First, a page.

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on 19 February 1999
I had to read this book for an English class and I've read it several times since of my own accord. Full of brilliant symbolism, this book employs some fascinating literary techniques. Laurence's use of Morag's "memorybank movies" is so realistic that you really feel as you read that you are growing up with her. Her discovery of herself and acceptance of her flawed loved ones, such as her adoptive parents and her off-and-on lover Jules, is one of the best aspects of the book. Her realization that not only can she deal with but she is also proud of where she comes from is something I love to read about each time. It's a great book to study carefully, after you've read it once. If you just skim the surface, you miss so much. Great regional flavor.
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on 28 March 1999
My last year of highschool we had to read The Stone Angel, and it was the only book assigned to me in highschool that I managed to finish ahead of sechduel. I have since been out of school for two years and when I found The Diviners I jumped at the chance to read it. And I loved it and everything about it, unlike the other reveiwers I was neither forced to read it nor was I looking for a book about a middle aged women to relate to. I read this book simply because Laurence is a great storyteller. She manages to wave the past and present flawlessly never losing the reader anywhere in between. I fond that the realisionship between Morag and Pique was much like the realisionship between Deliah and Cissy in Dorthy Alison's Cavedweller. So if you like The Cavedweller then you like this book. The same can be said for if you like Laurence's books you will Alison's books because she is the next step for Women's litature in North America!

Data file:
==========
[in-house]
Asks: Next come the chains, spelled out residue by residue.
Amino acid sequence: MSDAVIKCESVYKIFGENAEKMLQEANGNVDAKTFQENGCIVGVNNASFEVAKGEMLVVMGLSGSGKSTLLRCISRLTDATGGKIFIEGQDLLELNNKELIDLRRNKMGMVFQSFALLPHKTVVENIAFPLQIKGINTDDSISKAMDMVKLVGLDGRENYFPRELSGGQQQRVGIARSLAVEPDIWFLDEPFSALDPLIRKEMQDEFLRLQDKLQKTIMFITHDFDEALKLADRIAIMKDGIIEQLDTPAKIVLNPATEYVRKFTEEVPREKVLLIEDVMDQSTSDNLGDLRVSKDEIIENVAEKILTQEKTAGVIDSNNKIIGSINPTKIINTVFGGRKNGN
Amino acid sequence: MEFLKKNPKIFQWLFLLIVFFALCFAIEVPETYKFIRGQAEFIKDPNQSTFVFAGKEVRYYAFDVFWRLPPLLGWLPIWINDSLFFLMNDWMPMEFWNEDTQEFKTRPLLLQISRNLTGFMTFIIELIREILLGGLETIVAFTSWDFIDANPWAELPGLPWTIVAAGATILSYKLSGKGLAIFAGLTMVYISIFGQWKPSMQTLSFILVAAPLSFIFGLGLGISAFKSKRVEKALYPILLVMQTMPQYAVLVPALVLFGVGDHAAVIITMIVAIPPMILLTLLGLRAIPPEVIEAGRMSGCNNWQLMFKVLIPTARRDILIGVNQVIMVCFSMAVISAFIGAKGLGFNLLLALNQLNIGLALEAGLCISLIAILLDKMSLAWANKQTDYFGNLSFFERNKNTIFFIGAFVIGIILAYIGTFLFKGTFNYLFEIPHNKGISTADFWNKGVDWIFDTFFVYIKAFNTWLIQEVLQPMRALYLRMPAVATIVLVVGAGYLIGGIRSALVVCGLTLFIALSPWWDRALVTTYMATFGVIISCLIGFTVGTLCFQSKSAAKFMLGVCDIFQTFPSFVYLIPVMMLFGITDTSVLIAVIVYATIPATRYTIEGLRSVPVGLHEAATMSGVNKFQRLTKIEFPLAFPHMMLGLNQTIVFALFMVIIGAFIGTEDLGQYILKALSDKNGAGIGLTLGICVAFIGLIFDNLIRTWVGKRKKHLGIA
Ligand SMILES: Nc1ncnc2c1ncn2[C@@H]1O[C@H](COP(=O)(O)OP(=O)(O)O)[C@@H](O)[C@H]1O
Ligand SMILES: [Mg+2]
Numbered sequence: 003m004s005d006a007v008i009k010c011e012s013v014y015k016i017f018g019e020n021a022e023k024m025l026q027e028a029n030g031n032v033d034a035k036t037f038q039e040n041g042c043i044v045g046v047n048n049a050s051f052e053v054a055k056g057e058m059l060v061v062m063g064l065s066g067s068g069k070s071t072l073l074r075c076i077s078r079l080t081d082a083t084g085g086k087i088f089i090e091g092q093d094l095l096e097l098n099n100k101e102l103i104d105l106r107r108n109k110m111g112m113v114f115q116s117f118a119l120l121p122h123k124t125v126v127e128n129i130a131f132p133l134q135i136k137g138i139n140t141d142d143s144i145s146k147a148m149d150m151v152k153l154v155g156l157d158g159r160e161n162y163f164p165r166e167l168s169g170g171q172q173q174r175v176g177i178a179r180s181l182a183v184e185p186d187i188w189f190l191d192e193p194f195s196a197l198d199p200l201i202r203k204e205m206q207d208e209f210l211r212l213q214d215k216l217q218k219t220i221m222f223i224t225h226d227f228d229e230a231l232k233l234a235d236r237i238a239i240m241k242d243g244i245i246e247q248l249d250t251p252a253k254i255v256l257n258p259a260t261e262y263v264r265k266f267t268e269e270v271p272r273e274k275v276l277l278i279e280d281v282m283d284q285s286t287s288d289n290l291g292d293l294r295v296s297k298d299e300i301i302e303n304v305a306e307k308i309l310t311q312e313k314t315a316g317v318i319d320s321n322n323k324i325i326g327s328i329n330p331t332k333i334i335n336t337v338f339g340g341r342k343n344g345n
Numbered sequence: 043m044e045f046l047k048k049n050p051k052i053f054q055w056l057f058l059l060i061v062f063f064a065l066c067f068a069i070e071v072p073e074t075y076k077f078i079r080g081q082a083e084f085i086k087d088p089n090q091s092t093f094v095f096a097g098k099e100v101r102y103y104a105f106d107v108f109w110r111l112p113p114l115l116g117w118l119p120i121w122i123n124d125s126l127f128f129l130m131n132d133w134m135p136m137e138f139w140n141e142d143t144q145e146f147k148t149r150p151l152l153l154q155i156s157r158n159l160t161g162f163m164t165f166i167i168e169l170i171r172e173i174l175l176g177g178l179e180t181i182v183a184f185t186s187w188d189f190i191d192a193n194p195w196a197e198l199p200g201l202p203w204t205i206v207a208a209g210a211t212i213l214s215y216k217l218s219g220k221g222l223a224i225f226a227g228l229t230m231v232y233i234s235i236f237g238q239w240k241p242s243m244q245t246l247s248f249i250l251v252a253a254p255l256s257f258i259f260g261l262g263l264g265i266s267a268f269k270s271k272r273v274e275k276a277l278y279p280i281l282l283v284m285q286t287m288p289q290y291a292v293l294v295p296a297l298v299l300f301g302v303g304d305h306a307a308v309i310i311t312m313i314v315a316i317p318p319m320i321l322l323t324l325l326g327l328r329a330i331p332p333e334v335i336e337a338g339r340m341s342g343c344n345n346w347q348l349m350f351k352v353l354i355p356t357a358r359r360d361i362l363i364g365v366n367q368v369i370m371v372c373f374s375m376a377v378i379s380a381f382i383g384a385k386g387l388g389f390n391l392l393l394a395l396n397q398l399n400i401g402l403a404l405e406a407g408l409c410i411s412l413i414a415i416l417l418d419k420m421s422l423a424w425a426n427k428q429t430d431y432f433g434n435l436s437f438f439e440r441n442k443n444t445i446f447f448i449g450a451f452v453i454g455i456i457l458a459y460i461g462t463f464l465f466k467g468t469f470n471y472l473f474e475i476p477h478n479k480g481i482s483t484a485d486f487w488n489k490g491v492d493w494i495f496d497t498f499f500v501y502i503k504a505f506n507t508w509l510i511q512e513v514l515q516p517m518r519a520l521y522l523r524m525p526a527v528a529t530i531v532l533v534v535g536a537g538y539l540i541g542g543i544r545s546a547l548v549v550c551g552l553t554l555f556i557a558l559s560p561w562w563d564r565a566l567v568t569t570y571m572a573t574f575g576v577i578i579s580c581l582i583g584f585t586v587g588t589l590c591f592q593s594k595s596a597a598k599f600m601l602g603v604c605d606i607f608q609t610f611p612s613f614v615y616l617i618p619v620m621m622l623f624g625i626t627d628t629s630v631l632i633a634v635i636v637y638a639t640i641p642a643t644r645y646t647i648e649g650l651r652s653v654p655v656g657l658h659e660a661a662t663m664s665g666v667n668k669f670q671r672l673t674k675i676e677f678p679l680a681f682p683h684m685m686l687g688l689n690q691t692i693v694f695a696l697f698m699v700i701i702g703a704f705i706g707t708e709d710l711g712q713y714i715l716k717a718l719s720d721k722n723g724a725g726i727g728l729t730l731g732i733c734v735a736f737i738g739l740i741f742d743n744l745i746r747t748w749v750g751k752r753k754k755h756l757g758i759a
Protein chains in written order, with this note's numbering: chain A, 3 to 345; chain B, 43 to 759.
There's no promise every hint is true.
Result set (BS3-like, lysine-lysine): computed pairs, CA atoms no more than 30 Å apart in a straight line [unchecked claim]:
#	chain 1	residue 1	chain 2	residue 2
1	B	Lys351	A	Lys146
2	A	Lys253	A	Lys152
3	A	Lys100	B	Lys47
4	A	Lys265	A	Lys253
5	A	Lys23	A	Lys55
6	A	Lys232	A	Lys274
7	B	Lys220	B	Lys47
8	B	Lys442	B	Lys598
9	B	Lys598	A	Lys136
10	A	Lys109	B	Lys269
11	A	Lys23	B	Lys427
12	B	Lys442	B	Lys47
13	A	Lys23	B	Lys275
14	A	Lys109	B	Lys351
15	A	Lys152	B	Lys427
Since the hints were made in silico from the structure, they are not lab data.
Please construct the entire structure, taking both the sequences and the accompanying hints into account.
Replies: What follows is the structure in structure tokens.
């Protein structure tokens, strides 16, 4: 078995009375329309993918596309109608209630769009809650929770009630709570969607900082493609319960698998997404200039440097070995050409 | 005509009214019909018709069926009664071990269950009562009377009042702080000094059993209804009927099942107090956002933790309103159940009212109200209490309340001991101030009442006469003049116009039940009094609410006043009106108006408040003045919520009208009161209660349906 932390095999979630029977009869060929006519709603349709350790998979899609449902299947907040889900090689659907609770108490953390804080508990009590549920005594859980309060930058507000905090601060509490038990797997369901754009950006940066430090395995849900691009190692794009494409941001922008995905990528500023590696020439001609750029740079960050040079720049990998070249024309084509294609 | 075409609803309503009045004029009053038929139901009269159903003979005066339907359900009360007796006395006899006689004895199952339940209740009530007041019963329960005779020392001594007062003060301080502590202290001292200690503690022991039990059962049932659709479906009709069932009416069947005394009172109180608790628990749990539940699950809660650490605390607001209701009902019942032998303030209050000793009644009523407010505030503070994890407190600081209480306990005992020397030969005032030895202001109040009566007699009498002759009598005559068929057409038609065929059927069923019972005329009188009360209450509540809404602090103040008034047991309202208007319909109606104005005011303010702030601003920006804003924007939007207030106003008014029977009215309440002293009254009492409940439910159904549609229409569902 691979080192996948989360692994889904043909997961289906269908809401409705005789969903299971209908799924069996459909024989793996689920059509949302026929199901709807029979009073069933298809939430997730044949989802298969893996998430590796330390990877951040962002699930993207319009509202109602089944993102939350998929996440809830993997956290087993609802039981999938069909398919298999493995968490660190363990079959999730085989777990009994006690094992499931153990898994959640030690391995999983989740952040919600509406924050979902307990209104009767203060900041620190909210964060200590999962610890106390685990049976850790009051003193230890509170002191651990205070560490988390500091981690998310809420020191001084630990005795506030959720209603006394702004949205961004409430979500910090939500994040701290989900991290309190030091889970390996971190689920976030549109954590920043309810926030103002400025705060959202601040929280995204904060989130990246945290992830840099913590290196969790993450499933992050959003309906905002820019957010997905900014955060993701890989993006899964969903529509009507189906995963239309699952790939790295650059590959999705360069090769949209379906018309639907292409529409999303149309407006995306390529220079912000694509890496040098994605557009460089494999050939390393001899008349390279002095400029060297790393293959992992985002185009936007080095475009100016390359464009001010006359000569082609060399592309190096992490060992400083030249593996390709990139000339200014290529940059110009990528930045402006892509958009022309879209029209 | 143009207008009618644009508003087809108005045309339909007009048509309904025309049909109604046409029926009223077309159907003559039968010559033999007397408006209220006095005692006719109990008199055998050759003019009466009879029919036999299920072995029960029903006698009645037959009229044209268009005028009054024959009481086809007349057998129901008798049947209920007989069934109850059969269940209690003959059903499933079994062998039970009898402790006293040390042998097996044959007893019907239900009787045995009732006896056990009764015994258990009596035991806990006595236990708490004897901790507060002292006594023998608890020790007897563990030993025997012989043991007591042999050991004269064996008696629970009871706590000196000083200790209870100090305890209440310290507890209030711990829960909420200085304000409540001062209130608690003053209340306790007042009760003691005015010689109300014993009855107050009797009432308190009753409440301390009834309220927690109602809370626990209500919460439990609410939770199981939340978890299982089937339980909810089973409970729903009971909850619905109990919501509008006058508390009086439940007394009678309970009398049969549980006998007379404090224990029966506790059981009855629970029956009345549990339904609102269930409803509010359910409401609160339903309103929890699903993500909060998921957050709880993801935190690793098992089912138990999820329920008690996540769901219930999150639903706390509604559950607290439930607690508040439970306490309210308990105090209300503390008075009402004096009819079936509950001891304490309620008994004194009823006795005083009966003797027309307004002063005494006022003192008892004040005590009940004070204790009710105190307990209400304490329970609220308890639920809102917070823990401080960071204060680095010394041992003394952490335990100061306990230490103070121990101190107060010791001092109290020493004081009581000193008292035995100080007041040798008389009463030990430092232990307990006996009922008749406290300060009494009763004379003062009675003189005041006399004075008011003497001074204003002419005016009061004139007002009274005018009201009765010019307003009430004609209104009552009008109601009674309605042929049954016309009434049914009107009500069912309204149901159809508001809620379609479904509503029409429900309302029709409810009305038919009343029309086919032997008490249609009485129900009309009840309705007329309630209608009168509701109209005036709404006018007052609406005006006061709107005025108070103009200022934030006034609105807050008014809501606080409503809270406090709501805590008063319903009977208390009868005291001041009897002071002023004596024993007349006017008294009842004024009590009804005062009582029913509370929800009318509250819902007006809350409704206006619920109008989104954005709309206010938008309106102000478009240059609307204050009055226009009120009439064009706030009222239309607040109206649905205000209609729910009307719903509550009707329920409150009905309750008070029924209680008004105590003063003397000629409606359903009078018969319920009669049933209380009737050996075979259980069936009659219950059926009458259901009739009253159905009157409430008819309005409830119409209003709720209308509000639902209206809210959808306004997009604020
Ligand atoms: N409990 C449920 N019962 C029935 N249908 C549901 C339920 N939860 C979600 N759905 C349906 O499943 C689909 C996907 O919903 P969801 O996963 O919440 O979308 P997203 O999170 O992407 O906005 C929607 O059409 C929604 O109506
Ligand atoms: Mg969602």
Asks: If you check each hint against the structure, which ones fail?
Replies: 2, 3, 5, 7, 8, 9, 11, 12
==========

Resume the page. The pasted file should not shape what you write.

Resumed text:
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on 16 March 1998
This book captures it all: the tension between French Canada and English Canada, between the town and the city, between aboriginal and immigrant; Lawrence's work captures the ambiguousness that is Canada. This is also very much a book about women, and women's stuggles in Canada in the twentieth century. Very rich, full of detail, with vibrant characters, Lawrence's masterpiece is a pleasure to read again and again. It was (in my opinion) wrongfully banded from classrooms in Canada when it was published, and, unfortunately, remains largely unread by Canadian students. Note: telefilm Canada has produced a wonderful film version of this novel.
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on 18 October 1998
I never had to read this for any kind of course and so i read it for pleasure and i am really pleased i did. One of the most powerful, emotion packed books, i have read. A book about human nature that is more real than the computer screen you are staring at. Thoroughly reccommended.
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on 29 November 2009
This book is the single most important novel in the world to me. I discovered it at a crucial point in my growing up, and it has helped shape both my thinking and my writing. I lent my copy years ago and never got it back -- but for a long time it didn't matter, because I knew so much of it off by heart! Now I am delighted to have my own copy again.